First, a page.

You have in front of you an empty box. You also have on hand an infinite source of billiard balls, numbered 0, 1, 2, 3, 4, and so on forever.
At time zero, you place balls 0 and 1 in the box.
In thirty minutes, you remove ball 0 from the box, and place in two new balls (2 and 3).
Fifteen minutes after that, you remove ball 1 from the box, and place in two new balls (4 and 5).
7.5 minutes after that, you remove ball 2 and place in balls 6 and 7.
And so on.
After an hour, you will have taken an infinite number of steps. How many billiard balls will be in the box?
At time zero, the box contains two balls (0 and 1). After thirty minutes, it contains three (1, 2, and 3). After 45 minutes, it contains four (2, 3, 4, and 5). You can see where this is going…
Naively taking the limit of this process, we arrive at the conclusion that the box will contain an infinity of balls.
But hold on. Ask yourself the following question: If you think that the box contains an infinity of balls, name one ball that’s in there. Go ahead! Give me a single number such that at the end of this process, the ball with that number is sitting in the box.
The problem is that you cannot do this. Every single ball that is put in at some step is removed at some later step. So for any number you tell me, I can point you to the exact time at which that ball was removed from the box, never to be returned to it!
But if any ball that you can name can be proven to not be in the box.. and every ball you put in there was named… then there must be zero balls in the box at the end!
In other words, as time passes and you get closer and closer to the one-hour mark, the number of balls in the box appears to be growing, more and more quickly each moment, until you hit the one-hour mark. At that exact moment, the box suddenly becomes completely empty. Spooky, right??
Let’s make it weirder.
What if at each step, you didn’t just put in two new balls, but one MILLION? So you start out at time zero by putting balls 0, 1, 2, 3, and so on up to 1 million into the empty box. After thirty minutes, you take out ball 1, but replace it with the next 1 million numbered balls. And at the 45-minute mark, you take out ball 2 and add the next 1 million.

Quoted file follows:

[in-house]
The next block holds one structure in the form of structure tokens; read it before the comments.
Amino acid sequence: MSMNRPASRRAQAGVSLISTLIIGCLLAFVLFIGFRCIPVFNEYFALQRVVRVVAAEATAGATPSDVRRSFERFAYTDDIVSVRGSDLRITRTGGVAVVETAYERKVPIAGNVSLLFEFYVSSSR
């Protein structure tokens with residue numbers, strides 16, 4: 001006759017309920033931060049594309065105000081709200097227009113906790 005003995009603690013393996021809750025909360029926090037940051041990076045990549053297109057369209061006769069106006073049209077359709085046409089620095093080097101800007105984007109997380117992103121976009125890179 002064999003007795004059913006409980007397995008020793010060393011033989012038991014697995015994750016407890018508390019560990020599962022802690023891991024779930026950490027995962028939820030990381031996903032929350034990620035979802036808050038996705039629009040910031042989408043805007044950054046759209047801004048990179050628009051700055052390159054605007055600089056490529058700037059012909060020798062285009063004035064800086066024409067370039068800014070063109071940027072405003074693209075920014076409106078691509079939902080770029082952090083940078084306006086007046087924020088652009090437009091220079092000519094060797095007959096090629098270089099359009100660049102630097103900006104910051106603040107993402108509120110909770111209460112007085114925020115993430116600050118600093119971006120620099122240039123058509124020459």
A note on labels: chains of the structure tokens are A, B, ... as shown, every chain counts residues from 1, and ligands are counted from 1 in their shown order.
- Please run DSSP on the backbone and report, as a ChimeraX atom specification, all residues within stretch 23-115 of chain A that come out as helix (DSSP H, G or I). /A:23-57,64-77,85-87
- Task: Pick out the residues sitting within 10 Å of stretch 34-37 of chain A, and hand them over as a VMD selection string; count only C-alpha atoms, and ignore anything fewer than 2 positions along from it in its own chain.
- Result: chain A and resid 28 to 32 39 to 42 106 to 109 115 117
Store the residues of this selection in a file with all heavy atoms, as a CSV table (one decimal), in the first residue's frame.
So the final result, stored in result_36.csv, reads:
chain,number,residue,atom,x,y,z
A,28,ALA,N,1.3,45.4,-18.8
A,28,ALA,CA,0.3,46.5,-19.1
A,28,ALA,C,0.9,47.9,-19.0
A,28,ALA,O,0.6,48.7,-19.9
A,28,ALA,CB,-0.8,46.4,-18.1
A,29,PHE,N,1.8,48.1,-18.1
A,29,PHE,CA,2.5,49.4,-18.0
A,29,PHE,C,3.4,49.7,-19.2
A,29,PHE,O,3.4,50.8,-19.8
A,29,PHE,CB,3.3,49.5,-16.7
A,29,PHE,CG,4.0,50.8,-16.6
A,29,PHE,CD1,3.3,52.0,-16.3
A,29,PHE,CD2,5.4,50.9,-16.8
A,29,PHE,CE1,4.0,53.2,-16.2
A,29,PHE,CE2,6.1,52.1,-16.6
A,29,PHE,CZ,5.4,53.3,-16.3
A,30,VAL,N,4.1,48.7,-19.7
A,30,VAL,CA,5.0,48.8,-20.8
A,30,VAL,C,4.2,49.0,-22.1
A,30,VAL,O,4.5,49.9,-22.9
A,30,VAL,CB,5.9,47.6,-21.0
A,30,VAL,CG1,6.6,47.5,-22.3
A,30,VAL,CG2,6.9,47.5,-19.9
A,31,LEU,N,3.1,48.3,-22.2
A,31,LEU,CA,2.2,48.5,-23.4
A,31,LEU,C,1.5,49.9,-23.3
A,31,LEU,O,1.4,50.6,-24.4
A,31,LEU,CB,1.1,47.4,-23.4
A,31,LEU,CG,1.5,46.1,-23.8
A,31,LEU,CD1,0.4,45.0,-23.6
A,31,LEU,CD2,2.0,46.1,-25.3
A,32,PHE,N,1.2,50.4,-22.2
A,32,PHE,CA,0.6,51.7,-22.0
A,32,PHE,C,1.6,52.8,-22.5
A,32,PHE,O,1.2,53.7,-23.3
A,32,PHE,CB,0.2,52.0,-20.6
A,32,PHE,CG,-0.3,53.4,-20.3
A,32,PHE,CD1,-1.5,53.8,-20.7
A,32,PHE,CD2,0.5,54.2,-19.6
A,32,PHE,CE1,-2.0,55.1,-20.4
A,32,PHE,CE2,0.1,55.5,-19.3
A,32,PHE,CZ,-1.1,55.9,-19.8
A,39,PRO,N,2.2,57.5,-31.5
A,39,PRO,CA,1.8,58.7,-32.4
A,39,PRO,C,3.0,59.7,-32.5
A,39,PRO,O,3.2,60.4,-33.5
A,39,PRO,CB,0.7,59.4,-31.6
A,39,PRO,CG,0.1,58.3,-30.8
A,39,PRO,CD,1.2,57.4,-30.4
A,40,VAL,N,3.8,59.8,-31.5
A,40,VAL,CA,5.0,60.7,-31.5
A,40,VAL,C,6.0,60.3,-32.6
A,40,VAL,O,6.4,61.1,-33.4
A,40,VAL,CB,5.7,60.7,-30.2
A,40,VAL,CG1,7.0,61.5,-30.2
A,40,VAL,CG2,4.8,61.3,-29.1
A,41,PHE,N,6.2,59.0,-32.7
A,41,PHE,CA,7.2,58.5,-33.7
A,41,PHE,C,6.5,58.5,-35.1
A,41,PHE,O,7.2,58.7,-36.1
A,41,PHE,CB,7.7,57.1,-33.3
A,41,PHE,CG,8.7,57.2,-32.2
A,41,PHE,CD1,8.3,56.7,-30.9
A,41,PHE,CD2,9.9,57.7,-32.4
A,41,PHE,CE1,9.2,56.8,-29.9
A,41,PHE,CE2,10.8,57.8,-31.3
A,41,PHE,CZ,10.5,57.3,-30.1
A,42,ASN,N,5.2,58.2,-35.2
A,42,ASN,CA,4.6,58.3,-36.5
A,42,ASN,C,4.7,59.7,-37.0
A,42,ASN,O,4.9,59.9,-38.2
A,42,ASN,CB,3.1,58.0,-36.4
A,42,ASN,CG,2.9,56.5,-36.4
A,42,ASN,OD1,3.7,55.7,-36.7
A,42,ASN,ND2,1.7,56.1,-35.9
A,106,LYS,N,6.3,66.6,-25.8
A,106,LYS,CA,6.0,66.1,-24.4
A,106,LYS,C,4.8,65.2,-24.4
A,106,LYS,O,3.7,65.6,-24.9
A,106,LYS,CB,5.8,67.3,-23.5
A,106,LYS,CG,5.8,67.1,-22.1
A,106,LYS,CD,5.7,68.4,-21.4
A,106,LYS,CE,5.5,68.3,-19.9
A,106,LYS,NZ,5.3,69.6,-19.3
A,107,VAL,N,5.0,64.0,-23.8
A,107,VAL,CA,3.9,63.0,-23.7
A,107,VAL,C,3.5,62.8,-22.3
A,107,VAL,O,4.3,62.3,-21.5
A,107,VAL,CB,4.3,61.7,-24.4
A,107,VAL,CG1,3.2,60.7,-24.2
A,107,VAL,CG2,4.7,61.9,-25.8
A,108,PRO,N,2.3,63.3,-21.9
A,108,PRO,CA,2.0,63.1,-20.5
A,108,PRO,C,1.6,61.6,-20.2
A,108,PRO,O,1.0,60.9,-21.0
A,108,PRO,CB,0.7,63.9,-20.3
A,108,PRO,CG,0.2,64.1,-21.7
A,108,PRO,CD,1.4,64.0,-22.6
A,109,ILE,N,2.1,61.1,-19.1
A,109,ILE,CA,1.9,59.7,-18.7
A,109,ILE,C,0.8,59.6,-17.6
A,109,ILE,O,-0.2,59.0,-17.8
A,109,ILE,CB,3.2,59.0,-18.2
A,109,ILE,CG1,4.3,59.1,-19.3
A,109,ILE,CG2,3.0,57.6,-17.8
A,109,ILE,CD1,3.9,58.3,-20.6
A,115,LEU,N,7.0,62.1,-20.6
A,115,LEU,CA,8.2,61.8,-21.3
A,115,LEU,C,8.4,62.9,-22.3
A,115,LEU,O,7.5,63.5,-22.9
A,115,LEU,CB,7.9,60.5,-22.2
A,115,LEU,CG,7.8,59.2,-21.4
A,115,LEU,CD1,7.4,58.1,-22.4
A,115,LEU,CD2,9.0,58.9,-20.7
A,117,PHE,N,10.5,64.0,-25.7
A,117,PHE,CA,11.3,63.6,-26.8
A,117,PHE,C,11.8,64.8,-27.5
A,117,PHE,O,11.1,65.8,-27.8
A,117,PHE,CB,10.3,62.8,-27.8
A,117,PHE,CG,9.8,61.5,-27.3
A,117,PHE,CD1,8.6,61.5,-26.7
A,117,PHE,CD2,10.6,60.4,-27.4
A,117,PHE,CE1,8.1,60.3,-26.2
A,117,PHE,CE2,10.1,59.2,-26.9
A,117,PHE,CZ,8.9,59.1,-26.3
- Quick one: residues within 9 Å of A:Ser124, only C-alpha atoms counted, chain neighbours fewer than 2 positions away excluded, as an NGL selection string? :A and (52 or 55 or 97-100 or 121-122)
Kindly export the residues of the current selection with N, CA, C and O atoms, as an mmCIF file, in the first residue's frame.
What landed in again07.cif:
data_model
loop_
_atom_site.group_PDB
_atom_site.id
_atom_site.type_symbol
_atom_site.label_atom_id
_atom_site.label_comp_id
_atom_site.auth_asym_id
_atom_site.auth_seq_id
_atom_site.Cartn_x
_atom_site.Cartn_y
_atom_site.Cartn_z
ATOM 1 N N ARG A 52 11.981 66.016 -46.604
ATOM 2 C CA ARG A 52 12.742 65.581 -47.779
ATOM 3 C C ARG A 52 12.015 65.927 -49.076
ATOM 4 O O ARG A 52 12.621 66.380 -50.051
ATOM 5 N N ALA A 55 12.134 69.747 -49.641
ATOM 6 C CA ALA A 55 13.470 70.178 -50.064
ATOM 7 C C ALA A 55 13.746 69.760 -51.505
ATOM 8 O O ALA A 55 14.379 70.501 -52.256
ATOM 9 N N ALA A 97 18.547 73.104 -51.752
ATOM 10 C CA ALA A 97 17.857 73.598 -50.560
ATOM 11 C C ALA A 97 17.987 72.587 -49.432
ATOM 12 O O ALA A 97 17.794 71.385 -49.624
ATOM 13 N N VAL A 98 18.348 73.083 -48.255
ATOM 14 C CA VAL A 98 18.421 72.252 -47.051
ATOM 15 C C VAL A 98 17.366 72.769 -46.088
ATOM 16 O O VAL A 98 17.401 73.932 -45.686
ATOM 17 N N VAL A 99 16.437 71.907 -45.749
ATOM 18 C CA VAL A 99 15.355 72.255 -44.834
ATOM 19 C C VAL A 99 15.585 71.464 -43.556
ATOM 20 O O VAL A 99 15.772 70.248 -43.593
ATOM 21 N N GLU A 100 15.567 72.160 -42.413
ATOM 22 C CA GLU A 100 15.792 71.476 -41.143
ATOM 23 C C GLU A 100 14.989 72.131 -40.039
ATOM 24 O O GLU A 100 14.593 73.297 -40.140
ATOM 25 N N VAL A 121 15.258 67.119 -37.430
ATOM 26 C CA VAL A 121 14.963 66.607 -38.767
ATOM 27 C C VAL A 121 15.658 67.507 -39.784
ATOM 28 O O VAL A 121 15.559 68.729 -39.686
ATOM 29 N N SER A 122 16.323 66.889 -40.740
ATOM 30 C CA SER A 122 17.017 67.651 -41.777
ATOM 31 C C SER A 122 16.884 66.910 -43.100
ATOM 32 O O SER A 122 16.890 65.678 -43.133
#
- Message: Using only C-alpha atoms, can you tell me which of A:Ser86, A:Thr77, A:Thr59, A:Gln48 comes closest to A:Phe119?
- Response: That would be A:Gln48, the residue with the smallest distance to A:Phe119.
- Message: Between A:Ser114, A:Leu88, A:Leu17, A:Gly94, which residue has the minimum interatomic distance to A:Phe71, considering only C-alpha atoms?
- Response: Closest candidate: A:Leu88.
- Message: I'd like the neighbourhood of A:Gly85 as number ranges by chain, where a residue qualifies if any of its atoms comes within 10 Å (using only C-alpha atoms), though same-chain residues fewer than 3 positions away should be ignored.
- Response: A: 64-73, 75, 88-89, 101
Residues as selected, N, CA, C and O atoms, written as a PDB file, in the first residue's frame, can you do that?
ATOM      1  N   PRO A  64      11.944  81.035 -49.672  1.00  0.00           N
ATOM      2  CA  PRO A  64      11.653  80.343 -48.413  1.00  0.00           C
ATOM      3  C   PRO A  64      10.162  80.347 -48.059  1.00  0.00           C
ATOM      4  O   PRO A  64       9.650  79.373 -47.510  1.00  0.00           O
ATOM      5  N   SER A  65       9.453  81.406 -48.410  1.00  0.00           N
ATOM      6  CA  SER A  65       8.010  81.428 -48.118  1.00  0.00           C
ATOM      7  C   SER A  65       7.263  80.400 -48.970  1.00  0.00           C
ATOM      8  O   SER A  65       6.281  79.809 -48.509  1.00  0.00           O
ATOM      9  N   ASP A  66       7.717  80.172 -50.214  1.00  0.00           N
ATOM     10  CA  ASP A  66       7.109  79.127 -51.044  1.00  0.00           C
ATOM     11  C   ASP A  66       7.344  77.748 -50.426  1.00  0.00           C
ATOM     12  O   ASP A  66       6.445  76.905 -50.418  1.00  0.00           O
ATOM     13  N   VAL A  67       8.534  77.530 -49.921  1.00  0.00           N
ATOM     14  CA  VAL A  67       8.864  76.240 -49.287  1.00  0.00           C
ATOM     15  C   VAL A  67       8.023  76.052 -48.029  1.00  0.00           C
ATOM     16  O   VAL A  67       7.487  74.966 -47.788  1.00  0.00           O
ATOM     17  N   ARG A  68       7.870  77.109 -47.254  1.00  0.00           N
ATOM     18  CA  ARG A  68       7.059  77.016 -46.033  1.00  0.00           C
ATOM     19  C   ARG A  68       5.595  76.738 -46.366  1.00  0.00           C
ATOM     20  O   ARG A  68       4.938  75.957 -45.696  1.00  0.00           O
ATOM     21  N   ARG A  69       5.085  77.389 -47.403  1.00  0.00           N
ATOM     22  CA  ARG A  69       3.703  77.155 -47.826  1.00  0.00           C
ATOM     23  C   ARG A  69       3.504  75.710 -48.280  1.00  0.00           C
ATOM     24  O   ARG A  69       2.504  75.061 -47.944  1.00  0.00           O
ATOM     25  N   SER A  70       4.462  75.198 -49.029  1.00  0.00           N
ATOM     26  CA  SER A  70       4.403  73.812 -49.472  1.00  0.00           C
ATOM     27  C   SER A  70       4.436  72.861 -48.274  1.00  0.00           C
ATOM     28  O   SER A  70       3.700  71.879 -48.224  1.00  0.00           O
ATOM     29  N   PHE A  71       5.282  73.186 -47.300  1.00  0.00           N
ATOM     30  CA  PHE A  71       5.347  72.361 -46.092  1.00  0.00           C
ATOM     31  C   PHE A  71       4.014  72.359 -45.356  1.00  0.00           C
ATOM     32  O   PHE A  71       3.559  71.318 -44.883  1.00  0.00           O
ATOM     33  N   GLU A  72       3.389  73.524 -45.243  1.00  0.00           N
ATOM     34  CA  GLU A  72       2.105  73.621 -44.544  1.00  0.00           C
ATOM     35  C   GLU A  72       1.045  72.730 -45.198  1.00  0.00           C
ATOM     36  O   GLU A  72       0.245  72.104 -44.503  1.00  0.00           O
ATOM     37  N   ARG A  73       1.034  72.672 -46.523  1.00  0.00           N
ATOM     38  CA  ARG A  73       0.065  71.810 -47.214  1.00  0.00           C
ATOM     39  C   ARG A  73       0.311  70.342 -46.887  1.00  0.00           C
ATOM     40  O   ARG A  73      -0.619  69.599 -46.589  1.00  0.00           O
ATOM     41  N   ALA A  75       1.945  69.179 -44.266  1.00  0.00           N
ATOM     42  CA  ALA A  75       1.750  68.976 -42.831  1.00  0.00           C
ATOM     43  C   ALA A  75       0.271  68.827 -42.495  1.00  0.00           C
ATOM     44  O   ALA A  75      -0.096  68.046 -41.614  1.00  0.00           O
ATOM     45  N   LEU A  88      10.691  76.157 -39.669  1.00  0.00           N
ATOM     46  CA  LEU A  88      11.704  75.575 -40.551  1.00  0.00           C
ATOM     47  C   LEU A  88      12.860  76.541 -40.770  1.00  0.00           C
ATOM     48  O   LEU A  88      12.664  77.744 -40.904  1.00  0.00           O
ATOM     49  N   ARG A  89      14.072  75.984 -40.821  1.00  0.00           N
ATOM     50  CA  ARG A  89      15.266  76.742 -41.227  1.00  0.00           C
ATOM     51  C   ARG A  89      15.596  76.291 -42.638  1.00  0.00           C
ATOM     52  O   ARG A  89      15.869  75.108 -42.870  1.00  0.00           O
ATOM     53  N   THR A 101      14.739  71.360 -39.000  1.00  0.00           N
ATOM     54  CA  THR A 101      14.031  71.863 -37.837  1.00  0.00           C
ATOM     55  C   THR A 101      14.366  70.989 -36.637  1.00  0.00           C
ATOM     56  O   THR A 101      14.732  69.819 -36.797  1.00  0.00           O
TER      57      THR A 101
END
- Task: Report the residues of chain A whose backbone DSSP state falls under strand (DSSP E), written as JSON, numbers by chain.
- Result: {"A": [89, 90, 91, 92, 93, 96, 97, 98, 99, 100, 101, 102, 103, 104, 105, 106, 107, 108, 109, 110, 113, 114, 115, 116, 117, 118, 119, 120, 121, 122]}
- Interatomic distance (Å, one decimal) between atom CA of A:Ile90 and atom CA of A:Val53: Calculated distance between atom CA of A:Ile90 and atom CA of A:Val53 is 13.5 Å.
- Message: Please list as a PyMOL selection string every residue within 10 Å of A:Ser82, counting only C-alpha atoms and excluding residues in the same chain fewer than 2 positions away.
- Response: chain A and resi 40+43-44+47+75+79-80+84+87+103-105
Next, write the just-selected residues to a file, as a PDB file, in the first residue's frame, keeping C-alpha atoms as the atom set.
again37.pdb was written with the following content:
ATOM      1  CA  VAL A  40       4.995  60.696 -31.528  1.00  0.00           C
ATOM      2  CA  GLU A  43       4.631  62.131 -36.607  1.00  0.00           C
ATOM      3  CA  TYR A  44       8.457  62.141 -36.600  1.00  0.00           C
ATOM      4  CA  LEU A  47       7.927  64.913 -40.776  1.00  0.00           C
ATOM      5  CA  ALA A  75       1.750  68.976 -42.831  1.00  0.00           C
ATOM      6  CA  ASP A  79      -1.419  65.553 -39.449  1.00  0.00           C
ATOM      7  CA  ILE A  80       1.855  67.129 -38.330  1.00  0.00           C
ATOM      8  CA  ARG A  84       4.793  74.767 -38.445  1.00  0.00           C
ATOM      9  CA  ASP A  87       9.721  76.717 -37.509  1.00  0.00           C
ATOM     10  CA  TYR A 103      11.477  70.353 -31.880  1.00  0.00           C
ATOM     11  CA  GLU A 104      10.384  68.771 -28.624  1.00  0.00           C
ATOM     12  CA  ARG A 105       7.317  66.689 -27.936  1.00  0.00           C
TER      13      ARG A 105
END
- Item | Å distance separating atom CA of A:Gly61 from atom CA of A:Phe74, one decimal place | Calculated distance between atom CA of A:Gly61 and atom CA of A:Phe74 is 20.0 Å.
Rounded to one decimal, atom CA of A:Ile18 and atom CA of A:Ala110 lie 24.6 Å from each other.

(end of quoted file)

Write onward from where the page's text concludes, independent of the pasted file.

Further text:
What’ll happen now?
Well, the exact same argument we gave initially applies here! Any ball that is put in the box at any point, is also removed at a later point. So you literally cannot name any ball that will still be in the box after the hour is up, because there are no balls left in the box! The magic of infinity doesn’t care about how many more balls you’ve put in than removed at any given time, it still delivers you an empty box at the end!
Now, here’s a final variant. What if, instead of removing the smallest numbered ball each step, you removed the largest numbered ball?
So, for instance, at the beginning you put in balls 0 and 1. Then at thirty minutes you take out ball 1, and put in balls 2 and 3. At 45 minutes, you take out ball 3, and put in balls 4 and 5. And so on, until you hit the one hour mark. Now how many balls are there in the box?
Infinity! Why not zero like before? Well, because now I can name you an infinity of numbers whose billiard balls are still guaranteed to be in the box when the hour’s up. Namely, 0, 2, 4, 6, and all the other even numbered balls are still going to be in there.
Take a moment to reflect on how bizarre this is. We removed the exact same number of balls each step as we did last time. All that changed is the label on the balls we removed! We could even imagine taking off all the labels so that all we have are identical plain billiard balls, and just labeling them purely in our minds. Now apparently the choice of whether to mentally label the balls in increasing or decreasing order will determine whether at the end of the hour the box is empty or packed infinitely full. What?!? It’s stuff like this that makes me sympathize with ultrafinitists.
One final twist: what happens if the ball that we remove each step is determined randomly? Then how many balls will there be once the hour is up? I’ll leave it to you all to puzzle over!
One thought on “A Supertask Puzzle”